Texas Railroad Commission Chairman Ryan Sitton, along with some energy company execs, met Friday with representatives from SMU's geology staff, which, along with the U.S. Geological Survey, has been a leader in tying post-fracking wastewater injection to earthquakes.
And still refused to accept that conclusion:
“I have not reached the conclusion that oil and gas activity is the causal factor,” said Craig Pearson, the Railroad Commission’s staff seismologist. “While we remain concerned about seismic activity in the state, we still haven’t had a hearing where we’ve had a definite case made that a specific operator is associated with any specific earthquake activity.”
As for human-triggered quakes in other parts of Texas, he said: “I think it’s possible, but I don’t know of any proven nor widely accepted case of that. There has been anecdotal evidence in the past, but no substantial proof, to my knowledge.”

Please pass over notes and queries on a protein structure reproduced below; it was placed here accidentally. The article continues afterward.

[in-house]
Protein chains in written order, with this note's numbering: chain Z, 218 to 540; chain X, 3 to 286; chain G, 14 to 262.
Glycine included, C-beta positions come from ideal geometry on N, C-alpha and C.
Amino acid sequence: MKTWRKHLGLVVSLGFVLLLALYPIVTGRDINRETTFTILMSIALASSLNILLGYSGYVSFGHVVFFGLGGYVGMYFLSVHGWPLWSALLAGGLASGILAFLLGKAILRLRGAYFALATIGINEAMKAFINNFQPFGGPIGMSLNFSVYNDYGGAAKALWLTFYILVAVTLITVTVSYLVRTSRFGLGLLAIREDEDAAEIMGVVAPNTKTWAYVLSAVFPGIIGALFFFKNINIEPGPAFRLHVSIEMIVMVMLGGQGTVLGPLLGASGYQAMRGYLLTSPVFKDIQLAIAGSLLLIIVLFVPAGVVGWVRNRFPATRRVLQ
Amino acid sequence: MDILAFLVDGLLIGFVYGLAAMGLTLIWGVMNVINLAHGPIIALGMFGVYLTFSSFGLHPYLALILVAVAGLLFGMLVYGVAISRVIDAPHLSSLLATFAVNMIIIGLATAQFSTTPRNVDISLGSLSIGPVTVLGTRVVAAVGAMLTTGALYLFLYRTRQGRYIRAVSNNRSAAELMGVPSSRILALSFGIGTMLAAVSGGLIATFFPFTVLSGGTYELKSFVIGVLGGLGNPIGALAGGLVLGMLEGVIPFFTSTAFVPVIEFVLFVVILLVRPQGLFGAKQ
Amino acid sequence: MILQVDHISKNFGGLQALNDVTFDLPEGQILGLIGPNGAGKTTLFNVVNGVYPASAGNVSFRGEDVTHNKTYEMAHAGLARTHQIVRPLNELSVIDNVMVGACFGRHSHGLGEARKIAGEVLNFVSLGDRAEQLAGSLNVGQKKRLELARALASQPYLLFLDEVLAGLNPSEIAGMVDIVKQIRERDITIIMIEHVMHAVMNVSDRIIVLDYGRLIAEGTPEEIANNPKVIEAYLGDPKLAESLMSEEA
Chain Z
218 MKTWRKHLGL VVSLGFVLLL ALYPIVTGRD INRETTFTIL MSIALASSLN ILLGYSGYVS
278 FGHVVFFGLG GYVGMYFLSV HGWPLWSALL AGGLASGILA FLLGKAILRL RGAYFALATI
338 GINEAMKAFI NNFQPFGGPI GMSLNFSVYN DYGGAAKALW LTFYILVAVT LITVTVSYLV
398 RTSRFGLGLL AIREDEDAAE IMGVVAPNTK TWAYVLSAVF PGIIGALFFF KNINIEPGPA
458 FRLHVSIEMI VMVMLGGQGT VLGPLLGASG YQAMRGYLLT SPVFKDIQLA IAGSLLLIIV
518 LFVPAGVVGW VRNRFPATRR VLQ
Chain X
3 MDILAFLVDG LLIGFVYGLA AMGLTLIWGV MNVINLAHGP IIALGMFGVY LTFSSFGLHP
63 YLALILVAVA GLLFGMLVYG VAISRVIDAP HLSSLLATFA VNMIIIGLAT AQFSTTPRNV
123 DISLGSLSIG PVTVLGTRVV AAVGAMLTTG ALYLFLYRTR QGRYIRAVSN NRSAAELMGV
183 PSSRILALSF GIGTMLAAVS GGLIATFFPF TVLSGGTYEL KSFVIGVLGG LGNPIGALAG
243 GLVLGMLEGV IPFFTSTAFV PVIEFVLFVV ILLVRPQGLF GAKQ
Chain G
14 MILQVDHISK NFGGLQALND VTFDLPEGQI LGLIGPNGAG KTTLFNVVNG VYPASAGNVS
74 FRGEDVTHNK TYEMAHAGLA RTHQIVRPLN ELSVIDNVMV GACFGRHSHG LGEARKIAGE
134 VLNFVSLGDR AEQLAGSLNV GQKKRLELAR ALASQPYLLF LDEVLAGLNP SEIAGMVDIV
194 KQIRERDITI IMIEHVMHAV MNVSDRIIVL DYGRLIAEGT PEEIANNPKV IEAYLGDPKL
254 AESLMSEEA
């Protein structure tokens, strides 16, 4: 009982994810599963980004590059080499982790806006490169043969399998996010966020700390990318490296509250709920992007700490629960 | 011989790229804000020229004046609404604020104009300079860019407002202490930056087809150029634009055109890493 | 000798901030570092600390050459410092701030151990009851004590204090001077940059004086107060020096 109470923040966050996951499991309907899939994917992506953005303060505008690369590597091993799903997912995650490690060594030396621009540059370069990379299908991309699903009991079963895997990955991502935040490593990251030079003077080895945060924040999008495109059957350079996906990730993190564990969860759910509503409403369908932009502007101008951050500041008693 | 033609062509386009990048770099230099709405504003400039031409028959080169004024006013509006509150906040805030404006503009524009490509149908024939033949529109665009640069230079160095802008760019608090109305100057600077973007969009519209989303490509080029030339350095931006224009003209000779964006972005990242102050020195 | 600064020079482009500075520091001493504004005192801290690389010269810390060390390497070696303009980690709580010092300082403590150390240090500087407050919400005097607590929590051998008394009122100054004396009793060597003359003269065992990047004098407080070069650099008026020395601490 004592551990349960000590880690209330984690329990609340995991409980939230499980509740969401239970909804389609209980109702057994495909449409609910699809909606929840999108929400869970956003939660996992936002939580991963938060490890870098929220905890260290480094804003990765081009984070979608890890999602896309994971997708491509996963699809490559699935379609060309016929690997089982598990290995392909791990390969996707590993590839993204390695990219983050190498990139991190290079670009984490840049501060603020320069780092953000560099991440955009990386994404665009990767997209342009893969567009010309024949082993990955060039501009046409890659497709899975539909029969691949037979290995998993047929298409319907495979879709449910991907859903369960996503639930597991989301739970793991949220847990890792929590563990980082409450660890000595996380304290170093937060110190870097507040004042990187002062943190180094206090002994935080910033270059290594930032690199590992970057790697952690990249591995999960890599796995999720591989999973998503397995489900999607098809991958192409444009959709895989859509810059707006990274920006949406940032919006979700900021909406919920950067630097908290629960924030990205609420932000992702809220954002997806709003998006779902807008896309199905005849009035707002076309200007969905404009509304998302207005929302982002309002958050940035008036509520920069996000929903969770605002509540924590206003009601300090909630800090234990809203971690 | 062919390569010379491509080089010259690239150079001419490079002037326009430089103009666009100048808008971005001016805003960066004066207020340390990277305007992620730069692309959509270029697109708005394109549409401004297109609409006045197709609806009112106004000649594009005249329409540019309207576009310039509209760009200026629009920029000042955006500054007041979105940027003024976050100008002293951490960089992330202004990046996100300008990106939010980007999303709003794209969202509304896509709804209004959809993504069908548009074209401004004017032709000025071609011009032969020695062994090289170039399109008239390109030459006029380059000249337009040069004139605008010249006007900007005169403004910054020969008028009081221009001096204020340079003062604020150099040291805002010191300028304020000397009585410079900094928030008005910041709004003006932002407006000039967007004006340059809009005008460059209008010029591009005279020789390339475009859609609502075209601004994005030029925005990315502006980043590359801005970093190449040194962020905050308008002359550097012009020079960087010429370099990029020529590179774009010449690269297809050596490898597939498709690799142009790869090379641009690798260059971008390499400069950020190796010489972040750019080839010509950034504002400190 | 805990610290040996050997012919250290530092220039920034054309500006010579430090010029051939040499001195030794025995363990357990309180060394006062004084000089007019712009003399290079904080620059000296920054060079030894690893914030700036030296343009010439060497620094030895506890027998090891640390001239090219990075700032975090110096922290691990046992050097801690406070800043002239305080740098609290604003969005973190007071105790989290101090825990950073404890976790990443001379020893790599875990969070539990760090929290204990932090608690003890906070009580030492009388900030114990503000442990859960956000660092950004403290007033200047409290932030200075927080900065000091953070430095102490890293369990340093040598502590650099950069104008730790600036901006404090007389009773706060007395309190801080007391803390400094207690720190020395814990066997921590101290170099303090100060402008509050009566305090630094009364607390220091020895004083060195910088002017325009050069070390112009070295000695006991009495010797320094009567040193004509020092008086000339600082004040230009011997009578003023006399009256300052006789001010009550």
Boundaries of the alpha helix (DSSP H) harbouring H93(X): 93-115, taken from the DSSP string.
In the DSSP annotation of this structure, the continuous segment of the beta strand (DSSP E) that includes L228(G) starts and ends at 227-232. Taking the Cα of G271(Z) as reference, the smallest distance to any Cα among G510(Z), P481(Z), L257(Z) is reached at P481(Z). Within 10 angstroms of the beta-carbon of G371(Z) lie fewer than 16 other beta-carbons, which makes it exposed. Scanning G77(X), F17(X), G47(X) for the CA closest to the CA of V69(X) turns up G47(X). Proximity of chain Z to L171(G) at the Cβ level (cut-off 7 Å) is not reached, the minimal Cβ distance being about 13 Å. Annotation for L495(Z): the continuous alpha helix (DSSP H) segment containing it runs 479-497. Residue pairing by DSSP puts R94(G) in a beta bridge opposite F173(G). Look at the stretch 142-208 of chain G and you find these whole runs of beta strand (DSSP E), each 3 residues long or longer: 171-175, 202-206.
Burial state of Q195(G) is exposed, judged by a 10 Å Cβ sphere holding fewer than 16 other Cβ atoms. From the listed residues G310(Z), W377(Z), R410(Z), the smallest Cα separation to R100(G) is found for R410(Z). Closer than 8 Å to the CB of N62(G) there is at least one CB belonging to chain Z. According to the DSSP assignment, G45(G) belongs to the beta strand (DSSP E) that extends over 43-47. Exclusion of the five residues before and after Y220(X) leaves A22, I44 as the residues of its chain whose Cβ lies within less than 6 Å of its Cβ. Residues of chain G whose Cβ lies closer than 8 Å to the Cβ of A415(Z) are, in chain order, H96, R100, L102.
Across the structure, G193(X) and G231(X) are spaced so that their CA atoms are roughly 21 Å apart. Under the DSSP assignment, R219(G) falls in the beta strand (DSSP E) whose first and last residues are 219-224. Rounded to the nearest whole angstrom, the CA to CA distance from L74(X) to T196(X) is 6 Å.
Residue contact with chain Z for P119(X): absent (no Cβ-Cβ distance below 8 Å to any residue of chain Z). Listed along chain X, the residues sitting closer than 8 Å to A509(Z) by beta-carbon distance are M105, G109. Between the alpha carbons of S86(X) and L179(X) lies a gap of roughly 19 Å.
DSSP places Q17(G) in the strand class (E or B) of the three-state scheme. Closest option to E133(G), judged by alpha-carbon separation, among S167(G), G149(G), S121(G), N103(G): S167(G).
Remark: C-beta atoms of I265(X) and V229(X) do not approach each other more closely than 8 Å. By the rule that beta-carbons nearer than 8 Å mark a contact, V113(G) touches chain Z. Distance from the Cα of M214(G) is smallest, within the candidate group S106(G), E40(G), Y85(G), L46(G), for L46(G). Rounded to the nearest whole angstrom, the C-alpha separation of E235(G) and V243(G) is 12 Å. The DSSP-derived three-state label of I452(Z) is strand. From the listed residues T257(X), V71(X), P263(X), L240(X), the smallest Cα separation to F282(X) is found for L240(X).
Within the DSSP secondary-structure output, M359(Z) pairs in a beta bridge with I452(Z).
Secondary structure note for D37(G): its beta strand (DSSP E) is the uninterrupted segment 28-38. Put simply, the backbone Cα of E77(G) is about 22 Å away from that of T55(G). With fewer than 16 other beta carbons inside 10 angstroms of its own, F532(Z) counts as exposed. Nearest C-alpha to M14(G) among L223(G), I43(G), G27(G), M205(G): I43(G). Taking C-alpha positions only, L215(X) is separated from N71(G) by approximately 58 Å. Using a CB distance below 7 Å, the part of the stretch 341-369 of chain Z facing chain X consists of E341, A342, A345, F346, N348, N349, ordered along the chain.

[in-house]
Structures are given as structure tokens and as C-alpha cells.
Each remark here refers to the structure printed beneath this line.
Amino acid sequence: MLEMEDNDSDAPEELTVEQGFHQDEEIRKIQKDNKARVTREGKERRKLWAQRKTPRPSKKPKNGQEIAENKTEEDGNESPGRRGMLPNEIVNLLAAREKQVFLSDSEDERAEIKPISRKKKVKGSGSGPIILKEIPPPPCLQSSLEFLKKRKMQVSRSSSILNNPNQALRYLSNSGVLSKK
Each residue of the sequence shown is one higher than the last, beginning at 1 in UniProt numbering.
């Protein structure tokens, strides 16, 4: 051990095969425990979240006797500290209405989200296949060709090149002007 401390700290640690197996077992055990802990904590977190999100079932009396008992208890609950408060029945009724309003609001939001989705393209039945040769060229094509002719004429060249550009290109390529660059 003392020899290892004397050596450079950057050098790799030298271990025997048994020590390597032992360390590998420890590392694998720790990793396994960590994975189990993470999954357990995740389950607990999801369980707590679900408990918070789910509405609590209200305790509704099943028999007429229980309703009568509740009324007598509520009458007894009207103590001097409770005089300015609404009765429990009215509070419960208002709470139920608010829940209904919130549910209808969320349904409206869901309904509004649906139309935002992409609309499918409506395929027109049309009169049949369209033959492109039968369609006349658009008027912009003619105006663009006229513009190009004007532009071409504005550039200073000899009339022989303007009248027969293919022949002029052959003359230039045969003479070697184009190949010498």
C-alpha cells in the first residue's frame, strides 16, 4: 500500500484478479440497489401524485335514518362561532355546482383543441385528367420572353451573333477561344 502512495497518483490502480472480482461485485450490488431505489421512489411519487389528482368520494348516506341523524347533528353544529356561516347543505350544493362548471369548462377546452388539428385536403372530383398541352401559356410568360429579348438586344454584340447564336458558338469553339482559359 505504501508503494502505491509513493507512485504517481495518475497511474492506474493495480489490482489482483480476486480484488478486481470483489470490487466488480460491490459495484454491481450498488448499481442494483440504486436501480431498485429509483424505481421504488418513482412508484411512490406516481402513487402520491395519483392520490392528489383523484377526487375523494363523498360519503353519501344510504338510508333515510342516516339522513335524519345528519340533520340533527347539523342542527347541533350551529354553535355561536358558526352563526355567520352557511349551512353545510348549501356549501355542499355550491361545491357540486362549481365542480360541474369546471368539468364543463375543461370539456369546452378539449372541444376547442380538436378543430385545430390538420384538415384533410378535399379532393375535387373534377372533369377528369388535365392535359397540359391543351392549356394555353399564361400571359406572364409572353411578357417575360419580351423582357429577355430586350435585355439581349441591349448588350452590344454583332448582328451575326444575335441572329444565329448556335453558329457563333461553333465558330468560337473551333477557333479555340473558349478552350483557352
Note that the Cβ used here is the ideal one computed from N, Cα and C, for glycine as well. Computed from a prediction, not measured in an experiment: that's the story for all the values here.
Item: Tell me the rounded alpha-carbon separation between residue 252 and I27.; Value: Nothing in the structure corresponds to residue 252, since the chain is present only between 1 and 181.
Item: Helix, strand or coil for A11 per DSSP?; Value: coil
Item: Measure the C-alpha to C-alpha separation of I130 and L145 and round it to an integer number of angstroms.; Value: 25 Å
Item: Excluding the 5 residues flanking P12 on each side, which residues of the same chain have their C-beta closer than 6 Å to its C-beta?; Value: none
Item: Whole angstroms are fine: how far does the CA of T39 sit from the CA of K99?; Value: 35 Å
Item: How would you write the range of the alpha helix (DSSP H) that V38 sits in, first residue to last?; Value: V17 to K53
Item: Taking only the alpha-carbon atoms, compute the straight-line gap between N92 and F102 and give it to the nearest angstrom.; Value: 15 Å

In an April report, the USGS identified Azle and four other areas in Texas — Dallas-Fort Worth, Timpson, Fashing and the Cogdell oil field — as “induced seismicity zones,” another term for zones where man-made earthquakes are occurring.
That same month, the Oklahoma Geological Survey recognized that its surge of quakes was “very likely” triggered by the disposal of wastewater from oil and gas production into deep wells. Oklahoma has seen a 600-fold increase in its earthquake rate in the last several years, while Texas is on track to see a 20-fold increase, experts at the meeting said.